Although it's meant to be the season of goodwill and happiness, December is the month couples argue the most, with one in 20 doubting their relationship will survive past Christmas Day.
The study by Seddons found that one in five are already considering splitting up with their partner and blame money worries, entertaining extended family members and sharing the workload over Christmas as the main triggers.
Almost one in five admitted that they dread Christmas as they know it'll cause a string of rows with their partner.
Out of the 2,000 people questioned, the average couple argued four times a day - 124 throughout the whole of December. For some (23%), it became so bad, they decided to walk out on their relationship for good in December.
However, for 16% of those who split, they admitted that the separation was purely down to them wanting avoiding buying their partner a Christmas gift…
"The quest for a perfect Christmas and keeping everyone happy can often result in couples neglecting each other or just bad communication," says Head of Family Law, Deborah Jeff.
"By keeping a sense of perspective and being willing to compromise, your relationship needn't be a casualty of the season. Even something as simple as having planned some time for just the two of you once all the entertaining is over can support your relationship over the Christmas period.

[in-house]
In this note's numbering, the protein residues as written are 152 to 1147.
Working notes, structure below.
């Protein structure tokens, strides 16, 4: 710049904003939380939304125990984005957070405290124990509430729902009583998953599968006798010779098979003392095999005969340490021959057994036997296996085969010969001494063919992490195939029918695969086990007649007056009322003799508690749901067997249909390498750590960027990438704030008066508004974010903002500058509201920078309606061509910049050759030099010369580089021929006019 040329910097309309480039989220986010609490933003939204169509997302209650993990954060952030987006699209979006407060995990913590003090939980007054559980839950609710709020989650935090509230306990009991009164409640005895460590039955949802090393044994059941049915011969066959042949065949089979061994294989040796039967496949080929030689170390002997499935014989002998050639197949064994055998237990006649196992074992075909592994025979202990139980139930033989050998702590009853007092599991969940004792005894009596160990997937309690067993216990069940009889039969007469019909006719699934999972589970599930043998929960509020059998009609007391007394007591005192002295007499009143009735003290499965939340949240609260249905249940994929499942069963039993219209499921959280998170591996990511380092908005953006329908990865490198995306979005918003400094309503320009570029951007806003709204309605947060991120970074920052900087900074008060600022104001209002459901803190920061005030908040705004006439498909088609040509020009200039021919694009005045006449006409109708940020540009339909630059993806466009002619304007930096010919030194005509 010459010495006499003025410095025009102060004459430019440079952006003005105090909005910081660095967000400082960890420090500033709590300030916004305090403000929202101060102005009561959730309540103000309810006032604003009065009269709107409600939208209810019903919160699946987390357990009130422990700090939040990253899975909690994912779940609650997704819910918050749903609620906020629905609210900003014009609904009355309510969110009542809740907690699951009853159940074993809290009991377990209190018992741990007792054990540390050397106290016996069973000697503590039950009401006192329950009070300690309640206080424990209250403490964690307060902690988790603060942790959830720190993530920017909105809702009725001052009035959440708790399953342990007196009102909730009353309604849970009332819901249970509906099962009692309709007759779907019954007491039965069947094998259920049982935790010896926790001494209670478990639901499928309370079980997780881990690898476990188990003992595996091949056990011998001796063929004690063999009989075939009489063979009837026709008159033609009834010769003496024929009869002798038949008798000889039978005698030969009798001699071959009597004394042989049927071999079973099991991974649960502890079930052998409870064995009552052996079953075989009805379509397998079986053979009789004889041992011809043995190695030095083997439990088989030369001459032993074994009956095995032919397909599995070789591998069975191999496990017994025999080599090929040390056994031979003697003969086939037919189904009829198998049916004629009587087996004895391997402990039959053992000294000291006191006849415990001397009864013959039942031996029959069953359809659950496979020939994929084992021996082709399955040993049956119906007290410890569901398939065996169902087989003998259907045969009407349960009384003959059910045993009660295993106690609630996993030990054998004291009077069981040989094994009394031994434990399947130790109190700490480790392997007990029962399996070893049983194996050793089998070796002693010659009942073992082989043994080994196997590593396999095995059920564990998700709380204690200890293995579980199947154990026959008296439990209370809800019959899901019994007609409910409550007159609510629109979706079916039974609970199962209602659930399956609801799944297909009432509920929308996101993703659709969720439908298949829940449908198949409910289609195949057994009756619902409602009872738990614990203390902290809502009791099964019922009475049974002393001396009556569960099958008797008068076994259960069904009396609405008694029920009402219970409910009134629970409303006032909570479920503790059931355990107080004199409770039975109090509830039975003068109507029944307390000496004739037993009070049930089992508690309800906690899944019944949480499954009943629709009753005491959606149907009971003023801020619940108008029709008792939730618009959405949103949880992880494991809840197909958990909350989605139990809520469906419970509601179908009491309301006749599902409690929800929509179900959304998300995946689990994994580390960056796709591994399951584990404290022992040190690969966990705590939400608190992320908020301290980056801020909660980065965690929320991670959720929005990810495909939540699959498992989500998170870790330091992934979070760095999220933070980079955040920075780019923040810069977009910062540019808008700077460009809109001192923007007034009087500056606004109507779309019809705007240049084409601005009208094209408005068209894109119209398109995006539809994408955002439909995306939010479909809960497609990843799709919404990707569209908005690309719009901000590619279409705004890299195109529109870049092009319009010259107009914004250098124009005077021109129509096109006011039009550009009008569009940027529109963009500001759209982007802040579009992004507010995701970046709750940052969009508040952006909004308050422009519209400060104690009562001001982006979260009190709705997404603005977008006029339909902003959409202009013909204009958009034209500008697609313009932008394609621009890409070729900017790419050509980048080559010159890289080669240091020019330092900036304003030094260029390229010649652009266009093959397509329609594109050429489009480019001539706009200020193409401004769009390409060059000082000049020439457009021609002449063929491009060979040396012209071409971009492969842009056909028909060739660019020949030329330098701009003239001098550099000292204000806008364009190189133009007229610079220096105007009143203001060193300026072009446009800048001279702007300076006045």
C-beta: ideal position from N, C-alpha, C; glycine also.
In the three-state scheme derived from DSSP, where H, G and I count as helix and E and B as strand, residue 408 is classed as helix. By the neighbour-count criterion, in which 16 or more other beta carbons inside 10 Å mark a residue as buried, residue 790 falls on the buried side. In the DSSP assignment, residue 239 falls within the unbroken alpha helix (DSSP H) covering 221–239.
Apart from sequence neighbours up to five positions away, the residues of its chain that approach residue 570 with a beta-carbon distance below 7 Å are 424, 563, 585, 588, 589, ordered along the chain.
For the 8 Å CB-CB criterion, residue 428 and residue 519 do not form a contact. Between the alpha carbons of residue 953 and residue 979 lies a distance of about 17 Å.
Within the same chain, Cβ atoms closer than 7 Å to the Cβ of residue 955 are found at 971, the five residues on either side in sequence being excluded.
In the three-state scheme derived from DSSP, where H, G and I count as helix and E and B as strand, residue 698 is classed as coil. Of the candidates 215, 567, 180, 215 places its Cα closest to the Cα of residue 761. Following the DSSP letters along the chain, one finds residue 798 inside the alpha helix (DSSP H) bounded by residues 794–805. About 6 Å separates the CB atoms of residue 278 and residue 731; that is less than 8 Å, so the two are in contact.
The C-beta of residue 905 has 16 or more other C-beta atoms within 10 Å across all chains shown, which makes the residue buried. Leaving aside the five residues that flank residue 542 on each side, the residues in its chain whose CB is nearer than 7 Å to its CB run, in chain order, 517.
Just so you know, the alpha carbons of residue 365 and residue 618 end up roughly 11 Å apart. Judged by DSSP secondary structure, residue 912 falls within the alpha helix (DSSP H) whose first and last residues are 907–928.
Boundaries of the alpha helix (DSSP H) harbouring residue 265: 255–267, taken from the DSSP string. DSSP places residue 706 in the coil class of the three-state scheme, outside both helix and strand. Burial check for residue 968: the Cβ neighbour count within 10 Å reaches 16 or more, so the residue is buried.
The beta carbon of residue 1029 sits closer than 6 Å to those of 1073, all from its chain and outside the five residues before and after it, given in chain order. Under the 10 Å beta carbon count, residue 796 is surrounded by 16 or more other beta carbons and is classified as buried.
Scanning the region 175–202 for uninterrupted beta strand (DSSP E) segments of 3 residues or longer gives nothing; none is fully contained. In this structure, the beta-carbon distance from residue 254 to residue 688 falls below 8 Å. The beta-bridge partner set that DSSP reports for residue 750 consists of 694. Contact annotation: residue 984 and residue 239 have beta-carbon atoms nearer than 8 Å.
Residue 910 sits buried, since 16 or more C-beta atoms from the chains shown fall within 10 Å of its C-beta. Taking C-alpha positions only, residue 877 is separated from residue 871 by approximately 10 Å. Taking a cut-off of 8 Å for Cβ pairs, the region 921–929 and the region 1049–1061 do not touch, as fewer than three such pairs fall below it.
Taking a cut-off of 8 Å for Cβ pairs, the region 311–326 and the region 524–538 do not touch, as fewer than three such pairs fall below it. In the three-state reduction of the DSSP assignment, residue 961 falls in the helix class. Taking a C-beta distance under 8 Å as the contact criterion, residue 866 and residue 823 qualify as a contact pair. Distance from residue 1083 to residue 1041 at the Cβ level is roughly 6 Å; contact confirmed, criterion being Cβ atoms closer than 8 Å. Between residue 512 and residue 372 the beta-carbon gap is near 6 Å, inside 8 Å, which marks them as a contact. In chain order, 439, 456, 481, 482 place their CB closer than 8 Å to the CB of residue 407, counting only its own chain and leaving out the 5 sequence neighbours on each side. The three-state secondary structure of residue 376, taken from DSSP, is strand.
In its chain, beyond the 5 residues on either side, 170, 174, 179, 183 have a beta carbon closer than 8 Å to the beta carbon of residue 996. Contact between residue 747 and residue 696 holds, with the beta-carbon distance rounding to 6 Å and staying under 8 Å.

"But if the issues are still there in the New Year, get specialist legal advice and consult a relationship counsellor before making any long-term decisions."
If you argue with your partner at Christmas, find out how you can keep the stress out of your relationship with these expert tips from life coach, Sophia Davis.
Relationship tips from life coach, Sophia Davis.
"Sometimes couples find it easier to turn to friends rather than their other half when it comes to talking through problems. Turning your back on your partner during a stressful time can be damaging to your relationship, as it can lead to feelings of rejection and frustration. Communicate with your partner and turn to each other. This builds the confidence and trust you both need so you can discuss heavier and potentially stressful topics when they arise."
"While most people think that intimacy has to lead to sex, think again, because it also enables you to both relax and reveal your thoughts and feelings. Feeling close to your partner helps you solve problems as a team and helps you be open and honest. Intimacy gives your partner a chance to support you and in return, you are more likely to support them when they are stressed."
"If you are unkind to yourself and picking on yourself for choices you think you should have/shouldn't have made, by extension you will be unkind to your partner. If you want to maintain a strong and healthy, being kind to yourself an your partner is one of the first places to start."
"It's easy to get overwhelmed with daily activities and workloads, meaning little time is left for anything else. The more time spent on these things, the less time is spent with your partner. Work stress is top factor for causing friction in a marriage, so don't be a workaholic - stay in touch by phone, email, text messages. Cut back on your schedules if they aren't essential and prioritise a certain amount of 'us' time per week."